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Romeo and Juliet: Fate and Free will.

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GCSE Coursework essay Romeo and Juliet: Fate and Free will Shakespeare hasn't chosen about fate or free will, he is telling us to decide. At the very opening of the play the Chorus tells us of fate, "...A pair of star crossed lovers take their life; Whose misadventured piteous overthrows Doth with their death bury their parents' strife..." This is saying that pair of ill-fated lovers (written in the stars) have an unlucky (fate?) accident and the price of their deaths are end their parents troubles with each other. The Belief that fate determines our lives is brought up throughout the play, Romeo is scared that fate will be unhappy if he goes to the Capulets' party: 'My mind misgives some consequence yet hanging in the stars'. Juliet fears what will happen as she parts from Romeo: 'Methinks I see thee now, thou art so low / as one dead in the bottom of a tomb.' Romeo and Juliet struggle to get out of whatever fate shows in dreams and thoughts. 'Then I defy you, stars!!' ...read more.


This is evident early in the story when Romeo says, "But he that hath the steerage of my course direct my sail!" This is using a ship as an example of Romeo and fate is the wind that directs him. This says that if it wanted, fate could just slam him into the rocks and finish him off. Later, after the death of Tybalt, there is another significant line as Romeo cries out in despair, "O, I am fortune's fool!" This is pretty self-explanatory; Romeo says that fortune (fate) is tricking him and dislikes him. When all the Montague's and Mercutio were trying to persuade Romeo to go to the Capulets' party he said, "I dreamt a dream tonight," and Mercutio says that dreamers often lie and Romeo returned this with, "In bed asleep, while they do dream things true." He's telling us that dreams can come true; so what you dream is your destiny and even if you make decisions you will find yourself in the position you dreamt about because fate chose you to be there. ...read more.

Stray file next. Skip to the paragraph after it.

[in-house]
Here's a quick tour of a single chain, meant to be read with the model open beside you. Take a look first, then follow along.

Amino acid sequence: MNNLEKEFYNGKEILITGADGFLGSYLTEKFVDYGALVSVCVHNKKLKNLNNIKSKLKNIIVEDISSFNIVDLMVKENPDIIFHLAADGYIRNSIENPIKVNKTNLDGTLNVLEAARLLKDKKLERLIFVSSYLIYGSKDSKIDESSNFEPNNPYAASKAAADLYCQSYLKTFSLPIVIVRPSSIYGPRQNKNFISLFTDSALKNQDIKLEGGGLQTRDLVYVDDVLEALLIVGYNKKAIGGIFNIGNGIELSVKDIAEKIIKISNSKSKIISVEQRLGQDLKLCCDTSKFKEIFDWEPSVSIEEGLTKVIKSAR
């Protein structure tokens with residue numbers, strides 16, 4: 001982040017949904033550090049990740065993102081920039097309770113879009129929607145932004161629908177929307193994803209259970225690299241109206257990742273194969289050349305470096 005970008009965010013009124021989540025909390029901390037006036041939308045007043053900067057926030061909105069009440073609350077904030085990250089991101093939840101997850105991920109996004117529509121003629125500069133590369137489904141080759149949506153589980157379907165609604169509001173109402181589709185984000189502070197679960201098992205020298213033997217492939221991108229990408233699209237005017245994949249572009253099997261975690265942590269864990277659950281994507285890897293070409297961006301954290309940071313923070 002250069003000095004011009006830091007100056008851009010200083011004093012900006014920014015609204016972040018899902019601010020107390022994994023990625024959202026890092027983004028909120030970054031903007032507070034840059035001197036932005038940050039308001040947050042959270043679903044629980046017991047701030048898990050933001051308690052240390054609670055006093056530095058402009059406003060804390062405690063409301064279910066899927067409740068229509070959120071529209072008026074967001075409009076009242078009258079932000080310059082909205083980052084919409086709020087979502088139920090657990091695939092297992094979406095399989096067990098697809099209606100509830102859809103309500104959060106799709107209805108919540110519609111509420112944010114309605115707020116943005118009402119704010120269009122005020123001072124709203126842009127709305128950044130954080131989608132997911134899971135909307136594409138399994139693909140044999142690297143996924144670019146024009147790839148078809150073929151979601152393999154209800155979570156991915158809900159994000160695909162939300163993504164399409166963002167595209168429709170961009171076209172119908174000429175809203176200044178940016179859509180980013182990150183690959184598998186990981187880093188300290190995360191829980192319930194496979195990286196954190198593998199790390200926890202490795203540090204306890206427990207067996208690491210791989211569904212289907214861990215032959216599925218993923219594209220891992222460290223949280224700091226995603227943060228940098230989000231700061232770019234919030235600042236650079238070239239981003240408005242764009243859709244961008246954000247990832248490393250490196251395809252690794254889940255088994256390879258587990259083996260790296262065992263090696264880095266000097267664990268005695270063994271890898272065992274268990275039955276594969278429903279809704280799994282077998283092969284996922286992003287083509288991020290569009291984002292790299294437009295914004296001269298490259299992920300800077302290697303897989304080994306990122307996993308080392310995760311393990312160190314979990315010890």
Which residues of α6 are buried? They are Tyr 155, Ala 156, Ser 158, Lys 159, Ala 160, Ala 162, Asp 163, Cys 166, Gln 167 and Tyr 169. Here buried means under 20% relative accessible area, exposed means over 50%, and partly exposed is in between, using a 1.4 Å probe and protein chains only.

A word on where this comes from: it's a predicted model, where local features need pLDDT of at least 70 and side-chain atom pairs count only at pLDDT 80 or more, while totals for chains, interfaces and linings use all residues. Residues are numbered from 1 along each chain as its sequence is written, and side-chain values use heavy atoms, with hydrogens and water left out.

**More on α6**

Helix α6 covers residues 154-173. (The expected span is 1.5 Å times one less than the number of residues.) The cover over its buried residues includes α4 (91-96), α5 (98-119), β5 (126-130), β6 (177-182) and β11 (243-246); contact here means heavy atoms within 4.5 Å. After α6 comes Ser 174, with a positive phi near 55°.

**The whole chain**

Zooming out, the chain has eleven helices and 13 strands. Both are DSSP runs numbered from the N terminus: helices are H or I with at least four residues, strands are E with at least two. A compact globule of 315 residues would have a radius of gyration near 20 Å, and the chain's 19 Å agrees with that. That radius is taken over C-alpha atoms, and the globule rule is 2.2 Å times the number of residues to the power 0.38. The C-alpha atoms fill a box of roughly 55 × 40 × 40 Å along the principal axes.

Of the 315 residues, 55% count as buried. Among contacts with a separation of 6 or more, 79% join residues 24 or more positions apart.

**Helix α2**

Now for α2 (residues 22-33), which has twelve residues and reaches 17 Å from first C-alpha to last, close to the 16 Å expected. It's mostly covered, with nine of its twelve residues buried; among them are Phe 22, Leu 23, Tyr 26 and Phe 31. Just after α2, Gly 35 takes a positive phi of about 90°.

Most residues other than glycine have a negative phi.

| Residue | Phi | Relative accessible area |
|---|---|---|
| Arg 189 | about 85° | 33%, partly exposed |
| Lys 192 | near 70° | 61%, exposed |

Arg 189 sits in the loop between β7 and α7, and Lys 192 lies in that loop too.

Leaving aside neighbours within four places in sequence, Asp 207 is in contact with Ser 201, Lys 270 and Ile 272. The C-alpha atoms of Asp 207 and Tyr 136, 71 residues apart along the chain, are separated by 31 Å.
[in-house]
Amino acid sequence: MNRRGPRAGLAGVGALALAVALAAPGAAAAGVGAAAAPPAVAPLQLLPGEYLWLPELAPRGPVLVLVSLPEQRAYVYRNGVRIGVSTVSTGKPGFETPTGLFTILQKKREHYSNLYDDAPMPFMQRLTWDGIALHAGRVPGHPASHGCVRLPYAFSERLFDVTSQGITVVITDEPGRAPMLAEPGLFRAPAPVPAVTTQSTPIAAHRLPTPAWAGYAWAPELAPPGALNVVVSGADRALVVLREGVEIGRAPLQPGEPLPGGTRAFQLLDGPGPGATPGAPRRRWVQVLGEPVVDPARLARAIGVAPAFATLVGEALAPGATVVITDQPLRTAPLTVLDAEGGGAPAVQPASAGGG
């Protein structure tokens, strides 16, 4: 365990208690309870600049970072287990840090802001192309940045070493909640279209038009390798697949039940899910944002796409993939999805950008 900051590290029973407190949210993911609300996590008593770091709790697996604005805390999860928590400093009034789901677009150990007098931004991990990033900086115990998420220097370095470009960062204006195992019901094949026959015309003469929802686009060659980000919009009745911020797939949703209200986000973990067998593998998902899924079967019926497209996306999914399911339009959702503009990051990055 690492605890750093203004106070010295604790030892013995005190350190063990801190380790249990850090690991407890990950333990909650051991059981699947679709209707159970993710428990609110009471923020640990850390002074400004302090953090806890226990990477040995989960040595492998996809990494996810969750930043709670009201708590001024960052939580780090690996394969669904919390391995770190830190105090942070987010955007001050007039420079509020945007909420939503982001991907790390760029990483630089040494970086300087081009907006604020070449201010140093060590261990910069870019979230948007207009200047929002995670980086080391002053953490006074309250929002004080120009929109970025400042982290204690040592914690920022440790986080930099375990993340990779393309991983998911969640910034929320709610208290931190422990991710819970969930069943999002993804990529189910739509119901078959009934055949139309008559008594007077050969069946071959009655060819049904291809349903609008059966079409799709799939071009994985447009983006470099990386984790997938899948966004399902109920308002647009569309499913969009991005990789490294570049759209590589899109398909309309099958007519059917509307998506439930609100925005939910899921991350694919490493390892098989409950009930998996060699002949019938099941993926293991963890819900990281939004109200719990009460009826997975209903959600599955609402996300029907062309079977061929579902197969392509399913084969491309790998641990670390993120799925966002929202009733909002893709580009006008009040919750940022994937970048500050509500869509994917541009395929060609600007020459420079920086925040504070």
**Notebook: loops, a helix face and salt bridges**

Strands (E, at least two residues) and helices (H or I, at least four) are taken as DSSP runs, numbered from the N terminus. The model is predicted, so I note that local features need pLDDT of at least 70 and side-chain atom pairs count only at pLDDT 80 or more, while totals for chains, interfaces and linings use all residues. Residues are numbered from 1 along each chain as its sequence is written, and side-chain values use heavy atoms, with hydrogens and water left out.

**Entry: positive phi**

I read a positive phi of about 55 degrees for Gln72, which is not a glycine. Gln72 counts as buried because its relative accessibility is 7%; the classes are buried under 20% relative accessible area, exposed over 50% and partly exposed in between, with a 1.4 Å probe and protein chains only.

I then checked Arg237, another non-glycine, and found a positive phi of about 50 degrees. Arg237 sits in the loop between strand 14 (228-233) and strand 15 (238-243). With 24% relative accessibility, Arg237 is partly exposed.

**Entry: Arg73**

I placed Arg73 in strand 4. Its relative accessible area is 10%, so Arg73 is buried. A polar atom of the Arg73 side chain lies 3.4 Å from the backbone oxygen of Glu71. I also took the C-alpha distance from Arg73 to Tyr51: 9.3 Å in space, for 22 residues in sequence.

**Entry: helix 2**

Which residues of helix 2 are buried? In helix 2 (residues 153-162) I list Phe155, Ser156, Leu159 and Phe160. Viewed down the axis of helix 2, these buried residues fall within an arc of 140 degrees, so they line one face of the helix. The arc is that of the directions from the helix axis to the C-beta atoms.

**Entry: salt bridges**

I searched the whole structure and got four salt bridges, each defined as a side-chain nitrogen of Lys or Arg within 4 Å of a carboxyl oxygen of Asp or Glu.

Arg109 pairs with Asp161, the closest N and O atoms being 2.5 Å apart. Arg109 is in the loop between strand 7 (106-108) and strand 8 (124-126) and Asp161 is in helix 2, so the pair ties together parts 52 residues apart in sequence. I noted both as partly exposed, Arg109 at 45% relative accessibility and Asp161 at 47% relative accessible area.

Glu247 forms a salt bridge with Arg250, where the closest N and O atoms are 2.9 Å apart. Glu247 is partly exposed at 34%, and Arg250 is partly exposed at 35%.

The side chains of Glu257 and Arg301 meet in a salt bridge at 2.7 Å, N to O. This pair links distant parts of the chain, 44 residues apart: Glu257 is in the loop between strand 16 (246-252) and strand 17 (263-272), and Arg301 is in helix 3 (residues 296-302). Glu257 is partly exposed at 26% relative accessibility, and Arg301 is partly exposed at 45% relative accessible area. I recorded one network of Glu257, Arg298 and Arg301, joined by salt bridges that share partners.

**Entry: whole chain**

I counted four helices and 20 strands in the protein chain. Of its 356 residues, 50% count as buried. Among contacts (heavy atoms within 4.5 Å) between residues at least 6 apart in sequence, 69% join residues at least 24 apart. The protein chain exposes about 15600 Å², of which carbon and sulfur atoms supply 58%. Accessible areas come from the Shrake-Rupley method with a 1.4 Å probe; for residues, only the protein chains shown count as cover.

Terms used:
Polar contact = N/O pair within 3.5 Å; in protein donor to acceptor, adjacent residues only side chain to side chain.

I must to the learned. In good time!' He's asking himself how he's supposed to find the names written on the invites when he cant read so he's got to find someone who can read, cue Benvolio and Romeo! The servant sees them and asks them to help him, they see Rosalind's name on the list so Benvolio says he's on the list and they both obtain invites so Benvolio can show Romeo that there's plenty more fish in the sea; '...And I will make thee think thy swan a crow...' He would show Romeo that Rosalind's ugly compared to other women at the party. They go to the party and accident number two happens, Romeo sees Juliet and asks a servingman her name, unfortunately' 'I know not, sir." Was the Servingman's reply. If the servingman had known she was a Capulet, Romeo would never have gone near her! Unluckily for him, he didn't know till a bit too late that she was a Capulet! My final conclusion is that Shakespeare added 'accidents' to twist the story even more and he tried to show us that Fate, free will and accidents are very hard to separate. Joe Hankin 10RY/SR ...read more.

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